Your words as an author have been illustrated by others (The Seven-Per-Cent Solution) or by yourself (Time after Time). You started your career in Hollywood as a publicist for a major company and you are also a producer. Does your knowledge of these different aspects of the industry make you more indulgent towards how the studio and the director usually treats the work of the screenwriter?

Nicholas Meyer : I have been lucky to have had my scripts directed by some very talented directors. Notwithstanding this, I find it very frustrating to see my stuff directed by others. Inevitably it gets changed and while sometimes it is changed for the better, on a great number of occasions it is merely different and that difference divurges from my original intentions in ways that are typically not improvements.

Through your different jobs (novelist, screenwriter, director, producer...) you enjoy to explore varying genres sometimes simultaneously. For instance, Star Trek VI is an opera in space but also a clever whodunnit and a geopolitical thriller. Is a situation easily transposable from a genre to another and are there timeless and universal situations or a “construction pattern” common to every genre?

Nicholas Meyer : Usually, a work of art that is successful in a given medium will resist if not defy successful transposition to another medium. There's a reason why some stories make good novels, others make good plays and still others are perfectly suited to the screen. Adaptation is a tricky process because you want the end result to be comprehensible by people who've never read or seen the original, the “source” material. But how do you make a film out of The Brothers Karamazov without coming out hopelessly inferior to the novel?

Each job of transposition presents its own set of problems. Plays tend to be wordy and there's less action than in films; novels tend to be longer than most films and require extensive pruning; also interior thoughts and feelings are difficult (not impossible) to externalize. And so on.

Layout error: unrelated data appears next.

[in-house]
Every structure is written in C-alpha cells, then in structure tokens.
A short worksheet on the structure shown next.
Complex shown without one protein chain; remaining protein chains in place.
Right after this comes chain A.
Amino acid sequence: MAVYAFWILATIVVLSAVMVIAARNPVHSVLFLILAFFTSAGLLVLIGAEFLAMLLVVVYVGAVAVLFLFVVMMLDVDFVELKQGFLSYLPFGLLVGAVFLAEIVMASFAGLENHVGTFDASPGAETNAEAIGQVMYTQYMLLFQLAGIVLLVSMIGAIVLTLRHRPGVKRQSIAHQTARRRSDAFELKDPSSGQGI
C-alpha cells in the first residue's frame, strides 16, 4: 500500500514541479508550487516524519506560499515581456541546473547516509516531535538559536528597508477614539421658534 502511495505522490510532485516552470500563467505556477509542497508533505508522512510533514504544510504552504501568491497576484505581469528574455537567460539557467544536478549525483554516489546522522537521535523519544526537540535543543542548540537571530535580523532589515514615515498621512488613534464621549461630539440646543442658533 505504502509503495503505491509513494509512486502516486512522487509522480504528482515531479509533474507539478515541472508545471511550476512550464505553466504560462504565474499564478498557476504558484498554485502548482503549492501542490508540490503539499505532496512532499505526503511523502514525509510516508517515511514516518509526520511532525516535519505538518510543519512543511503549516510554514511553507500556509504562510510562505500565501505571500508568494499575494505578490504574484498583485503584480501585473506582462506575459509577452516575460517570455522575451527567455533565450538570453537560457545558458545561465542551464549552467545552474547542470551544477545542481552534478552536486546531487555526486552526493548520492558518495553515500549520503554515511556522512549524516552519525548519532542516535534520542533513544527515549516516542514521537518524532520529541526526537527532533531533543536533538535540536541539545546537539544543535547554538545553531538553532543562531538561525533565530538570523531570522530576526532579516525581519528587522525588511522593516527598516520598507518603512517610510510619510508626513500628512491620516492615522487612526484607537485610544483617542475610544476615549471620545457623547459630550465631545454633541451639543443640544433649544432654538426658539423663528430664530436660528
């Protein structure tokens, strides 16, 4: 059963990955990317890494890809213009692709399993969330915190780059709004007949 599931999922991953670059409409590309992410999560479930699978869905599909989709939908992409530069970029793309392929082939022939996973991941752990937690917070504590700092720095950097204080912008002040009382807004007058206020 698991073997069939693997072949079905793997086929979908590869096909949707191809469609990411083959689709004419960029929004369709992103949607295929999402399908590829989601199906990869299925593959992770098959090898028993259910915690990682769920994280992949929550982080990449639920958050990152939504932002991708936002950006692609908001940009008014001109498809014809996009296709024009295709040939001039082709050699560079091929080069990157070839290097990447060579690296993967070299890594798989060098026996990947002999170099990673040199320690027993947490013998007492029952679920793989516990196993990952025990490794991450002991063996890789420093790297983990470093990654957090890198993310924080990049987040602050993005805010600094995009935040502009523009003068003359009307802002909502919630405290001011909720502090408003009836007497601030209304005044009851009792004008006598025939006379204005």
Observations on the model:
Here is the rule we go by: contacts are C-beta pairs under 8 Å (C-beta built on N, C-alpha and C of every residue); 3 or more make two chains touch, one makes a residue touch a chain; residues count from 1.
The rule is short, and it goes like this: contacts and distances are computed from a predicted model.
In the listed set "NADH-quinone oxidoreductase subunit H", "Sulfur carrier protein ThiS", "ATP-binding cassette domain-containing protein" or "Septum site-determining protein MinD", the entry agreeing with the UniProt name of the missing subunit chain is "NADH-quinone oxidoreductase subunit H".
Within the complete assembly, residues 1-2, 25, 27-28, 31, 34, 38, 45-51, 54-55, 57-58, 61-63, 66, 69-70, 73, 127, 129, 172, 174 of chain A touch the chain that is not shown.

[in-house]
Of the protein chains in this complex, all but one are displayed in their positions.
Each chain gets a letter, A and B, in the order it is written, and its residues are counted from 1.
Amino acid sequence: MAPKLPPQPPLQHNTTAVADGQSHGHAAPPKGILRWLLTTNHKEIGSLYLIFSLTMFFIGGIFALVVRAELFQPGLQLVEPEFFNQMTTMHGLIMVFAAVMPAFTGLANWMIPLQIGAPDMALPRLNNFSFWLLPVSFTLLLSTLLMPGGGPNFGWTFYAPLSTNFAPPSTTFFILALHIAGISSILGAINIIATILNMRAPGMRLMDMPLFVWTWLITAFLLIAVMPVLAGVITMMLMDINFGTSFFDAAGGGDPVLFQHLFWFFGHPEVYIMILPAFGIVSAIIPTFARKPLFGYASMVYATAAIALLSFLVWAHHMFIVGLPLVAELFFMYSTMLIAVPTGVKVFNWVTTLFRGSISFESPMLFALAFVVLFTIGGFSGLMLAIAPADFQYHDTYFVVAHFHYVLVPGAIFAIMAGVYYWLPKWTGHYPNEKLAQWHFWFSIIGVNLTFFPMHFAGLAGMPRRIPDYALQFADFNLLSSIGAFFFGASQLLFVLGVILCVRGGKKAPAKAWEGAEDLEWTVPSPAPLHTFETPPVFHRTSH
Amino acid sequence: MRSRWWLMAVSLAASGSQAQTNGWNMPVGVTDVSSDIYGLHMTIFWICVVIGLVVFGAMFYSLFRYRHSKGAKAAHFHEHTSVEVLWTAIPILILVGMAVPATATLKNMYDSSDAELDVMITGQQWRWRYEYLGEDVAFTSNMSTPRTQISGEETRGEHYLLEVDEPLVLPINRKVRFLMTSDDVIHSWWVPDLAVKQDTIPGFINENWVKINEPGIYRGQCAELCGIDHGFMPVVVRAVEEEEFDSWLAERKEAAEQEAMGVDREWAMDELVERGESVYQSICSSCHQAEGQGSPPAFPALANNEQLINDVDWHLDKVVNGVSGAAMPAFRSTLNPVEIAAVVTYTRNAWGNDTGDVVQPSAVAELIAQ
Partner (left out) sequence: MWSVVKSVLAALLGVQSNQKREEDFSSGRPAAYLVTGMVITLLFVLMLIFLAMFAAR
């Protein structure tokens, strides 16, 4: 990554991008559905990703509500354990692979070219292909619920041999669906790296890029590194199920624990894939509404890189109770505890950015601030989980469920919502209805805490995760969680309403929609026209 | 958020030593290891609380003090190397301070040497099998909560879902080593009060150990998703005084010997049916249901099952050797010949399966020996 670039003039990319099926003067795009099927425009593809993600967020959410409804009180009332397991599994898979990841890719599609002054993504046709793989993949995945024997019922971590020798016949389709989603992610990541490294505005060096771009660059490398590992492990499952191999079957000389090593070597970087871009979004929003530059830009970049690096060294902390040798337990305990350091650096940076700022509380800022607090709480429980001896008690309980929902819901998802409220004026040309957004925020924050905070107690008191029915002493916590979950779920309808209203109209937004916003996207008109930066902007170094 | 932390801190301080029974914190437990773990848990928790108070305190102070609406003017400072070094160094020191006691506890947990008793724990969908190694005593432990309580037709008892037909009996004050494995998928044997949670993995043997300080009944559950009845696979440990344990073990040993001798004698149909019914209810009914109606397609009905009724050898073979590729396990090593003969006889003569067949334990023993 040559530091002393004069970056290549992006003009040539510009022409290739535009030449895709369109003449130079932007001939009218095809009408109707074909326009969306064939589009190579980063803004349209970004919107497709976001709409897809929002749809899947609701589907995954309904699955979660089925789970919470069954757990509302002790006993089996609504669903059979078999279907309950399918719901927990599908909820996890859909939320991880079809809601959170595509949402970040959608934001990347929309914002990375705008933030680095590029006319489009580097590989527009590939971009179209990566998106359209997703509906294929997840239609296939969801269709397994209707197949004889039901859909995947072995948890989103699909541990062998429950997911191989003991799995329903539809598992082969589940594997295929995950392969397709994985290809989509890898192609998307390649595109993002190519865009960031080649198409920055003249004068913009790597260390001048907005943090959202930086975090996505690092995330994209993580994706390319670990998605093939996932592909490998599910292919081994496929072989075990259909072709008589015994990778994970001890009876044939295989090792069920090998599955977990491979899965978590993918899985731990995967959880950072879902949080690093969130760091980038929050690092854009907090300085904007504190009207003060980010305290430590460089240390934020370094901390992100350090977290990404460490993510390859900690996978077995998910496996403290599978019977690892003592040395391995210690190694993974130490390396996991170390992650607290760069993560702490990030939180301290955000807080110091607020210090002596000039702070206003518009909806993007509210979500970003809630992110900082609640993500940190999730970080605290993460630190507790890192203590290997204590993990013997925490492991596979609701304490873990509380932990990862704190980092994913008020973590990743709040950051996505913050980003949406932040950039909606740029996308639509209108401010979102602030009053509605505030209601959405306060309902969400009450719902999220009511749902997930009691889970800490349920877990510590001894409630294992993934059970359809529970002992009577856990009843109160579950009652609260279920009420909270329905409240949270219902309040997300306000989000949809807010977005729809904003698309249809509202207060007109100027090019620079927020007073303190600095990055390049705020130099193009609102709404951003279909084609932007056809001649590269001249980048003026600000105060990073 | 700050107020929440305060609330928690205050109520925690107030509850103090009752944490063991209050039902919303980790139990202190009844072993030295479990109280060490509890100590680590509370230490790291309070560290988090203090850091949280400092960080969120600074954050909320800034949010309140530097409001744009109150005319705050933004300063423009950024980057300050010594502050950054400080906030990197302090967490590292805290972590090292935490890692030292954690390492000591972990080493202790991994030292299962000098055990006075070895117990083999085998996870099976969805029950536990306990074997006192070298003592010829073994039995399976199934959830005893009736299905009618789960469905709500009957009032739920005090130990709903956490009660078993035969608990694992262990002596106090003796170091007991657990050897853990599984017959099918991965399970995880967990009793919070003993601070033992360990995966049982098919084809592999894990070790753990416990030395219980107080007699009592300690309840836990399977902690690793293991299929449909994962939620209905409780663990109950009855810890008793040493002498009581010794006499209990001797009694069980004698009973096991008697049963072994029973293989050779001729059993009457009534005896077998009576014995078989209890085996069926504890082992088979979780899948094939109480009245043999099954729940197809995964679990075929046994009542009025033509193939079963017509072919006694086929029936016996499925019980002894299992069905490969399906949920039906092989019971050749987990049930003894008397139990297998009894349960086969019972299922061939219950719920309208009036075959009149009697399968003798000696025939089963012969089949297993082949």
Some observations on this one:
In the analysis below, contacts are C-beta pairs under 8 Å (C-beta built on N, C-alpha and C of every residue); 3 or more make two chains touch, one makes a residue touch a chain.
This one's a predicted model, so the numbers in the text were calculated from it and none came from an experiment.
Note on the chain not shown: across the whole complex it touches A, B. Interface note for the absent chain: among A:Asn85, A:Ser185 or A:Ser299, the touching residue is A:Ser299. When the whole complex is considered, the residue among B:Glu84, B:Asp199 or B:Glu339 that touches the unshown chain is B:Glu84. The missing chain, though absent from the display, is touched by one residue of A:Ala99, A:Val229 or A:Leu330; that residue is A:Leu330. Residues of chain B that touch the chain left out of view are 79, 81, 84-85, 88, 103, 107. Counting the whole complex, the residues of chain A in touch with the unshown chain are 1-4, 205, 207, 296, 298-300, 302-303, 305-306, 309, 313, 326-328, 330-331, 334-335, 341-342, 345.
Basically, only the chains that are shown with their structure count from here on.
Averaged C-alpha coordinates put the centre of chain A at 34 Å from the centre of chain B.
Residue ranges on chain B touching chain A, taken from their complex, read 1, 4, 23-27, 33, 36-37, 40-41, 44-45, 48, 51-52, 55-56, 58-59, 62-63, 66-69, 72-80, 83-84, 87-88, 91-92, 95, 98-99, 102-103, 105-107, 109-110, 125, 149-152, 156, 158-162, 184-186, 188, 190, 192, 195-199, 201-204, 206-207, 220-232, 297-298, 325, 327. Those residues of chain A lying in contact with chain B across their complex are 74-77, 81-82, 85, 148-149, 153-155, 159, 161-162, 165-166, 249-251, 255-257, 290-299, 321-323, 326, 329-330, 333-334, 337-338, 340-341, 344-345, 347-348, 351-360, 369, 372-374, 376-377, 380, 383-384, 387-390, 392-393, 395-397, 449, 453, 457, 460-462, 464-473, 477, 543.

While certain situations may be common to the varying venues (eg: husband discovers wife having an affair), it's what comes before and after such “scenes” that make up the UNcommon construction pattern of each genre.

One of your books, Confessions of a homing pigeon, is not well-known in France, even by those who admire your work. Could you tell us a few words about it?

Nicholas Meyer : Confessions of a homing pigeon is an autobiographical novel, which tells much of my own story in a fictitious setting and with fictional changes and disguises. It is the most personal book I have written (in my opinion) and I knew it was not going to be a block-buster but didn't care; it was an important book for me to create for myself as a writer. I couldn't keep hiding behind Holmes and Captain Kirk forever.

I believe in French it was called Confession d'un Pigeon Voyageur, which sounds pretty similar to me. It's about a small boy, orphaned young and his life and loves in the company of a charismatic expatriate uncle who lives in Paris.

In your filmography there is an unexpected entry: Collateral Damage (2002). How did you get involved on this film? What was your task as an executive producer?

Nicholas Meyer : Collateral Damage was originally written by my best friend, Ronald Roose, when it was called Prey. It was about a high school teacher who goes to Libya to avenge the deaths of his wife and daughter, who died in the Lockerbie bombing.

I was the exec and helped set up the project at Warner Brothers, where we said, joking, “Now remember, this guy ain't Arnold Schwarzenegger, he's Tom Hanks”, which we thought was the whole point. Five years later, they'd wrecked the whole thing but I left my name on just to piss them off.